Differential Activation of the ER Stress Factor XBP1 by Oligomeric Assemblies

Department of Neurology, University of Texas Medical Branch, Galveston, TX 77555, USA.
Neurochemical Research (Impact Factor: 2.59). 04/2012; 37(8):1707-17. DOI: 10.1007/s11064-012-0780-7
Source: PubMed


Several neurodegenerative disorders are characterized by protein misfolding, a phenomenon that results in perturbation of cellular homeostasis. We recently identified the protective activity of the ER stress response factor XBP1 (X-box binding protein 1) against Amyloid-ß1-42 (Aß42) neurotoxicity in cellular and Drosophila models of Alzheimer's disease. Additionally, subtoxic concentrations of Aß42 soluble aggregates (oligomers) induced accumulation of spliced (active) XBP1 transcripts, supporting the involvement of the ER stress response in Aß42 neurotoxicity. Here, we tested the ability of three additional disease-related amyloidogenic proteins to induce ER stress by analyzing XBP1 activation at the RNA level. Treatment of human SY5Y neuroblastoma cells with homogeneous preparations of α-Synuclein (α-Syn), Prion protein (PrP106-126), and British dementia amyloid peptide (ABri1-34) confirmed the high toxicity of oligomers compared to monomers and fibers. Additionally, α-Syn oligomers, but not monomers or fibers, demonstrated potent induction of XBP1 splicing. On the other hand, PrP106-126 and ABri1-34 did not activate XBP1. These results illustrate the biological complexity of these structurally related assemblies and argue that oligomer toxicity depends on the activation of amyloid-specific cellular responses.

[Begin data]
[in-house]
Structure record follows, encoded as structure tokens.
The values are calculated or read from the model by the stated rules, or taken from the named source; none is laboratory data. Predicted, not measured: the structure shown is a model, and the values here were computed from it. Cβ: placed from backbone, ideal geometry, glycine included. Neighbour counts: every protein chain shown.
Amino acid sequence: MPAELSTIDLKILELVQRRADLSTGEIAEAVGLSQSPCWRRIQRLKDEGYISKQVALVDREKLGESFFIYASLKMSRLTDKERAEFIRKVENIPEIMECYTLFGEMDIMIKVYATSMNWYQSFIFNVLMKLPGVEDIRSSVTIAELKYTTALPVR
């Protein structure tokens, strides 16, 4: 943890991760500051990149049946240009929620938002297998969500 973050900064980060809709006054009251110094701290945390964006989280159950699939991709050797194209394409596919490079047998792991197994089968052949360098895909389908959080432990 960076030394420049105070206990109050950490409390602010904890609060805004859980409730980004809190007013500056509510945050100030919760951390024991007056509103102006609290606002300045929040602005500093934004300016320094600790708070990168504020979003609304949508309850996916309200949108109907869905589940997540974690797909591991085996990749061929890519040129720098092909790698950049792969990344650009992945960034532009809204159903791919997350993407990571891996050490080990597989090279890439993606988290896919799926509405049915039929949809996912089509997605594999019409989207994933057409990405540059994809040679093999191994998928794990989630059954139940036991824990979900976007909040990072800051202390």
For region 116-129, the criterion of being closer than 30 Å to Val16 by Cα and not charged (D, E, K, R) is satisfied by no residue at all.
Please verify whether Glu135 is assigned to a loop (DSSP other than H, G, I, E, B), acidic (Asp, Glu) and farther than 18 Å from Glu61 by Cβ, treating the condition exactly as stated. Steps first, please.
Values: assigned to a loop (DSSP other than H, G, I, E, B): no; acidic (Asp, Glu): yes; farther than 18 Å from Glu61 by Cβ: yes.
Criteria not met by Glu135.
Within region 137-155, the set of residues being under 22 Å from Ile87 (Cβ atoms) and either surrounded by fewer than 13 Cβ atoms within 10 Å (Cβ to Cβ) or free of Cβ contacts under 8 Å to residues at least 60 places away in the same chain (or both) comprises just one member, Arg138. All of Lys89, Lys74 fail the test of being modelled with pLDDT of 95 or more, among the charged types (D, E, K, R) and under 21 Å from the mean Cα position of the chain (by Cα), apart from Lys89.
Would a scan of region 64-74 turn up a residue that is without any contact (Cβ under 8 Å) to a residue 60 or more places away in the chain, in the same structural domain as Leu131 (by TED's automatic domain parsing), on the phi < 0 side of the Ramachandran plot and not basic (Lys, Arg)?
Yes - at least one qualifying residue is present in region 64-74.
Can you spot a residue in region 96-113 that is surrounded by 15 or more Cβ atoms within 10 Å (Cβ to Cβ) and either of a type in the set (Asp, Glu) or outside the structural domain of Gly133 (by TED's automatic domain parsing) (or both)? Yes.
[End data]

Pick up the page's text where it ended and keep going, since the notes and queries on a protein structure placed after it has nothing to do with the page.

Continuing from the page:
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    • "Moreover, selective invalidation of XBP-1 in dopaminergic neurons of the substantia nigra pars compacta triggers chronic ER stress and neurodegeneration of the neurons targeted [39]. It has also been postulated that α-synuclein aggregates promote XBP-1 splicing and activation in human neuroblastoma [41]. "
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    ABSTRACT: Endoplasmic reticulum (ER) is the cellular compartment where secreted and integral membrane proteins are folded and matured. The accumulation of unfolded or misfolded proteins triggers a stress that is physiologically controlled by an adaptative protective response called Unfolded Protein Response (UPR). UPR is primordial to induce a quality control response and to restore ER homeostasis. When this adaptative response is defective, protein aggregates overwhelm cells and affect, among other mechanisms, synaptic function, signaling transduction and cell survival. Such dysfunction likely contributes to several neurodegenerative diseases that are indeed characterized by exacerbated protein aggregation, protein folding impairment, increased ER stress and UPR activation. This review briefly documents various aspects of the biology of the transcription factor XBP-1 (X-box Binding Protein-1) and summarizes recent findings concerning its putative contribution to the altered UPR response observed in various neurodegenerative disorders including Parkinson's and Alzheimer's diseases.
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